Council leader reveals ‘investment budget’ for Barking and Dagenham

Cllr Darren Rodwell is the leader of Barking and Dagenham Council

Cllr Darren Rodwell is the leader of Barking and Dagenham Council - Credit: Archant

The borough’s budget for the coming financial year has been branded an “investment budget” by council leader Darren Rodwell.

Barking and Dagenham Council faced making savings of £63 million by 2020, but intends to reduce that deficit to £15.1m through a four-year plan.

“At the moment, 84 per cent of our income comes from the government,” Cllr Rodwell said. “We want to change that and become more self-sufficient.”

Among the proposed investments is £750m to build 10,000 new homes across the borough.

This will include 2,000 properties, created under the Barking and Dagenham Reside scheme, that will be available for people to rent for less than the market rate.


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Currently, more than 600 properties have been built under the council’s homebuilding scheme, with a further 200 near to completion.

Cllr Rodwell said: “They will be affordable to a single person on the London Living Wage or a couple earning minimum wage.

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“A lot of them are at 50pc or 65pc of the market value, with some at 80pc that will subsidise the 50pc ones.”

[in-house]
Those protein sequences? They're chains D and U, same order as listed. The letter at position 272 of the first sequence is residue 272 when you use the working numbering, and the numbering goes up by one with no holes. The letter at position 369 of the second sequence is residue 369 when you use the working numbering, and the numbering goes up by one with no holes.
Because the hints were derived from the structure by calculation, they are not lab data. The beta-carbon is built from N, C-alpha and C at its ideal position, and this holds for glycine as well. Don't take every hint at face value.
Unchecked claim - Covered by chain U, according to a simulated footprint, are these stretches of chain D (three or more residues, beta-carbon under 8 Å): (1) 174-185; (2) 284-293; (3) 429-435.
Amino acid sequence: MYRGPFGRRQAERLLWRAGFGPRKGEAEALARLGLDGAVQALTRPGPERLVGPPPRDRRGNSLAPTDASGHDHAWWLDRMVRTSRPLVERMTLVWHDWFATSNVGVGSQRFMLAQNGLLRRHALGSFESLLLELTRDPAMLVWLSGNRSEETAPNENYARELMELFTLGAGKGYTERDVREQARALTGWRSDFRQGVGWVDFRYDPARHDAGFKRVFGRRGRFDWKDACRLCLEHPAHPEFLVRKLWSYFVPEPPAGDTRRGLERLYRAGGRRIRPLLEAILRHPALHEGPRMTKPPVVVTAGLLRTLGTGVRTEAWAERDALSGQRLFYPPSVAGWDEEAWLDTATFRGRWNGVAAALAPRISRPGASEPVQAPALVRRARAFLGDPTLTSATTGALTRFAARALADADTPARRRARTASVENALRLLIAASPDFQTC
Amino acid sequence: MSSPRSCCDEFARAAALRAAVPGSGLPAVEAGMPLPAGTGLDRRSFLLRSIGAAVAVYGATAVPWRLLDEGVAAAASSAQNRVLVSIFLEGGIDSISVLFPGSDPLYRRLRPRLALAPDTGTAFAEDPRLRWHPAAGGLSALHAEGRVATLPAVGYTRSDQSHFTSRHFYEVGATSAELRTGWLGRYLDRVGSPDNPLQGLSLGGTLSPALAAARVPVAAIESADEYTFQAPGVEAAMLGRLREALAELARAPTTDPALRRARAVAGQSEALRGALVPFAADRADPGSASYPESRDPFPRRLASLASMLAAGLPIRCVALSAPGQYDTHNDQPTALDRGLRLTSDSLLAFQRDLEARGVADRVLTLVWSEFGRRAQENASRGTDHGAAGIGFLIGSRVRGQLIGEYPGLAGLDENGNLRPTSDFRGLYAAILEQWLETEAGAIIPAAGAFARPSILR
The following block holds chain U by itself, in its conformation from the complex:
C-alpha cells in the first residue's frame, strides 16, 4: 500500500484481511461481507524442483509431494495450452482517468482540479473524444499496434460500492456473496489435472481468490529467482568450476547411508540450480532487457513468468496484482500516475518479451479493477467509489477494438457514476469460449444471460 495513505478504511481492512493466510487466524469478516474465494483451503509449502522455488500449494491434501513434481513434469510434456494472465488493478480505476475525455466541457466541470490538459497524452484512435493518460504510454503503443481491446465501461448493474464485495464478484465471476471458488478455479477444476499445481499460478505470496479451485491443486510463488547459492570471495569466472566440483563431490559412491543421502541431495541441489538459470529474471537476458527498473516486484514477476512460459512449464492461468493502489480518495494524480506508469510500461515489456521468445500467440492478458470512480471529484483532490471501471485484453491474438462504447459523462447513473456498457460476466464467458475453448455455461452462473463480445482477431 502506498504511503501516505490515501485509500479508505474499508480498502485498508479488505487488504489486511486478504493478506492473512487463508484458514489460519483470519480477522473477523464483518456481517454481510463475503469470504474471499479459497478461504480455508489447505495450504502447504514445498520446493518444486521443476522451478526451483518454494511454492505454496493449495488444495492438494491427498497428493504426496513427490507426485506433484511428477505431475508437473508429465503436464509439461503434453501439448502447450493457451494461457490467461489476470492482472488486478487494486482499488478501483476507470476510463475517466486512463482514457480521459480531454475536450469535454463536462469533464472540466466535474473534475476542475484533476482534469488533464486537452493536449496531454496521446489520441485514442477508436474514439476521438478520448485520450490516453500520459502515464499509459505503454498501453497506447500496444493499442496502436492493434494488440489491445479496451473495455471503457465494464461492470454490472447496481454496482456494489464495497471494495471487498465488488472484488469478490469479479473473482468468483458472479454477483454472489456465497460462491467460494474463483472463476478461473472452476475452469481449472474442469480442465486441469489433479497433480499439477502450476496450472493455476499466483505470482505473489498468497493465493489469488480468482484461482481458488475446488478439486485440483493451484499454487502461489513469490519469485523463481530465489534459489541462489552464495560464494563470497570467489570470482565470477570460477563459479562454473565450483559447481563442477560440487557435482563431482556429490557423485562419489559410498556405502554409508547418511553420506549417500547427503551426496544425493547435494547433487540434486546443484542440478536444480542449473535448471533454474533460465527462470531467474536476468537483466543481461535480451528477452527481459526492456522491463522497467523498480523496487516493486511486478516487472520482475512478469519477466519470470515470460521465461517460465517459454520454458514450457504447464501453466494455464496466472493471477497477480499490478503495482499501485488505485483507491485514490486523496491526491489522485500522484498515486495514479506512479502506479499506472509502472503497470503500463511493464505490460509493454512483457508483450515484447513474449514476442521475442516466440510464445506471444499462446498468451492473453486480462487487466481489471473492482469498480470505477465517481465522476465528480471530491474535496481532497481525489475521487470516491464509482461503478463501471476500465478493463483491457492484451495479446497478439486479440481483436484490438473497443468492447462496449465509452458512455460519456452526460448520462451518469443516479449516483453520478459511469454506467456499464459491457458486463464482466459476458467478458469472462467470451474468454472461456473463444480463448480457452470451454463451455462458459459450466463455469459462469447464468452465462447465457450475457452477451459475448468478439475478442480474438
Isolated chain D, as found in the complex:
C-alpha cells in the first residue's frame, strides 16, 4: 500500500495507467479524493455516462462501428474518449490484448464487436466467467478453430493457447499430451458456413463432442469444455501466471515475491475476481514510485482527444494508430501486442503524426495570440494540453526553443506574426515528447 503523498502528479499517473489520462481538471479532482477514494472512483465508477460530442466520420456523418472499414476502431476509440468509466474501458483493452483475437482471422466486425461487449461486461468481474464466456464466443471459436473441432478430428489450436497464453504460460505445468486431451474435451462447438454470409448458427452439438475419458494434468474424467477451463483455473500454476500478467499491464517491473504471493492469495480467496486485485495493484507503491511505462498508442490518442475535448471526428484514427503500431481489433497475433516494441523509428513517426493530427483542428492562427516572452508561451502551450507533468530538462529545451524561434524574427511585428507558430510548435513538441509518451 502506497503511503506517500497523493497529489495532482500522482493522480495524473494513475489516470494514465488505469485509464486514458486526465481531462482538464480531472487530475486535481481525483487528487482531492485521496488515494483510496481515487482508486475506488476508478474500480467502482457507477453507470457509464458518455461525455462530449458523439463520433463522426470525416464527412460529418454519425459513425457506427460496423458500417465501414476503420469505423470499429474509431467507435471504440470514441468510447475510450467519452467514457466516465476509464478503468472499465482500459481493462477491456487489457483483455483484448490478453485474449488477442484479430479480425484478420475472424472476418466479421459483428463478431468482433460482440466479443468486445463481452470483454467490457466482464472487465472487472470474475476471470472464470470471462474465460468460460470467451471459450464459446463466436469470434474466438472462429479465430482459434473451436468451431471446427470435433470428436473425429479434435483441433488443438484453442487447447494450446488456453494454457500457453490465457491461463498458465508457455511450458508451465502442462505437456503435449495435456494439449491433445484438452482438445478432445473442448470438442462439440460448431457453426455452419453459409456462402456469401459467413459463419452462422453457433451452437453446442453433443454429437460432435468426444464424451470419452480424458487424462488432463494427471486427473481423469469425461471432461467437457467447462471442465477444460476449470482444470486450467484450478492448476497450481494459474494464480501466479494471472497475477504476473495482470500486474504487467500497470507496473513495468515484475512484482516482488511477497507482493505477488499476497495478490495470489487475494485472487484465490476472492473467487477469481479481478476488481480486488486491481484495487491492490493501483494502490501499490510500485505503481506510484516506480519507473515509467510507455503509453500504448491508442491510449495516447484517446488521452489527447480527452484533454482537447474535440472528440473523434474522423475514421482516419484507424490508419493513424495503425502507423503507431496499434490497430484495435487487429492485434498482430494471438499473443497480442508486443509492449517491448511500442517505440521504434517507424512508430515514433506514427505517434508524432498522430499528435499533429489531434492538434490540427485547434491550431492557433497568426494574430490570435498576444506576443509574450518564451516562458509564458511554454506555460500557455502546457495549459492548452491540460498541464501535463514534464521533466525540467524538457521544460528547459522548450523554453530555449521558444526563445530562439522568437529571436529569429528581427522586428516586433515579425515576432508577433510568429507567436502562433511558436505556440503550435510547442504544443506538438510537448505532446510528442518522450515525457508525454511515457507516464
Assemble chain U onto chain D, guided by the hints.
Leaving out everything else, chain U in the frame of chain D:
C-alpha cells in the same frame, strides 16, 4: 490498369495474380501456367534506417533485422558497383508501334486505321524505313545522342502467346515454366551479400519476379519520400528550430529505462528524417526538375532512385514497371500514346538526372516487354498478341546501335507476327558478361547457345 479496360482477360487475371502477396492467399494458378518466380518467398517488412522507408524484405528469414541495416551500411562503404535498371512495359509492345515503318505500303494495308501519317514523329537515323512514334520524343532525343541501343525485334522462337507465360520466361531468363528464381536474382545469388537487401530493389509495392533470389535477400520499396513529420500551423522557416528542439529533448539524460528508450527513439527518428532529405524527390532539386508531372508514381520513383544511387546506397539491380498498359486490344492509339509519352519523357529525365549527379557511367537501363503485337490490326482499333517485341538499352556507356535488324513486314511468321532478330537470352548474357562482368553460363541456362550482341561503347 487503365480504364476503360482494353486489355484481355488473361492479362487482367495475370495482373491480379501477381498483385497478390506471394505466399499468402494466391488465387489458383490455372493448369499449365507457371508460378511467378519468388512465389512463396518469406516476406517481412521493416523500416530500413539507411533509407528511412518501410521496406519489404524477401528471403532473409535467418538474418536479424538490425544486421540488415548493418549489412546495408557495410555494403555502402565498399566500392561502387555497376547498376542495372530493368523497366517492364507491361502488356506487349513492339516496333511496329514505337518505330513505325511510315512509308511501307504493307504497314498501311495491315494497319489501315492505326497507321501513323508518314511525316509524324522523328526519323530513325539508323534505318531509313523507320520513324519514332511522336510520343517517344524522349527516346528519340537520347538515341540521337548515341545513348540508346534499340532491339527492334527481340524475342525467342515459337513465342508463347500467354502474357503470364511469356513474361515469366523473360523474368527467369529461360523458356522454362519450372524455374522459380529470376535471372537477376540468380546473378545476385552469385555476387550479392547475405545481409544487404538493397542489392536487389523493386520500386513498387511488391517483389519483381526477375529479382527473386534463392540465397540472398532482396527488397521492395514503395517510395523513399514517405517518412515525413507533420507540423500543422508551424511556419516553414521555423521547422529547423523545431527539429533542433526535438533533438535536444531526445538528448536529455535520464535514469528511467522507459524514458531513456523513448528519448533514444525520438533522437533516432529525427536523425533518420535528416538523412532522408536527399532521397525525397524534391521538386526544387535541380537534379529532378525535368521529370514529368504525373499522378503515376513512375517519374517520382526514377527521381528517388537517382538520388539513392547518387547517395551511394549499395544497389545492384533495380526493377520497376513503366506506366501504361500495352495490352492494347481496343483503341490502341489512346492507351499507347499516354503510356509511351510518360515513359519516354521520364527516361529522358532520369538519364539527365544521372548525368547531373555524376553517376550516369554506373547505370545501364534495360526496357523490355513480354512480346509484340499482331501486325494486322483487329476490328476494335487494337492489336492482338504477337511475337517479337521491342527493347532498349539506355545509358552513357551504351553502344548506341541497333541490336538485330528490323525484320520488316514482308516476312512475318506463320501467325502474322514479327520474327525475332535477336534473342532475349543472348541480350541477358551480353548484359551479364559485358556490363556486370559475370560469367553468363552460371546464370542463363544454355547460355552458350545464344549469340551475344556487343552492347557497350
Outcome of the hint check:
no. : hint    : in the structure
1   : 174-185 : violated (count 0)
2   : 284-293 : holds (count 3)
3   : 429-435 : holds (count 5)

Other investments include a new fleet of dustcarts, improved play facilities and a youth zone, which is set to open next year.

Deputy leader of the council, Cllr Dominic Twomey, said that council staff had been offered voluntary redundancy, with 240 out of 3,000 employees accepting it.

He said: “I think it was the right thing to do. They weren’t forced to go, they wanted to go.

The money saved by those staff leaving and subsequent efficiencies would plug part of the funding gap for the next financial year, he added.

The gap will also be addressed by a council tax rise of 4.99 per cent, or £53.80 a year for a band D property.

This includes a 3pc social care precept, which means the money will be used solely to pay for adult social care.

Cllr Twomey said that this would collect around £1.5million, leaving the council to find a similar amount from elsewhere to plug the £3m gap.

He added: “We didn’t raise council tax for seven years in this borough. That would have seen us get about £15m.”

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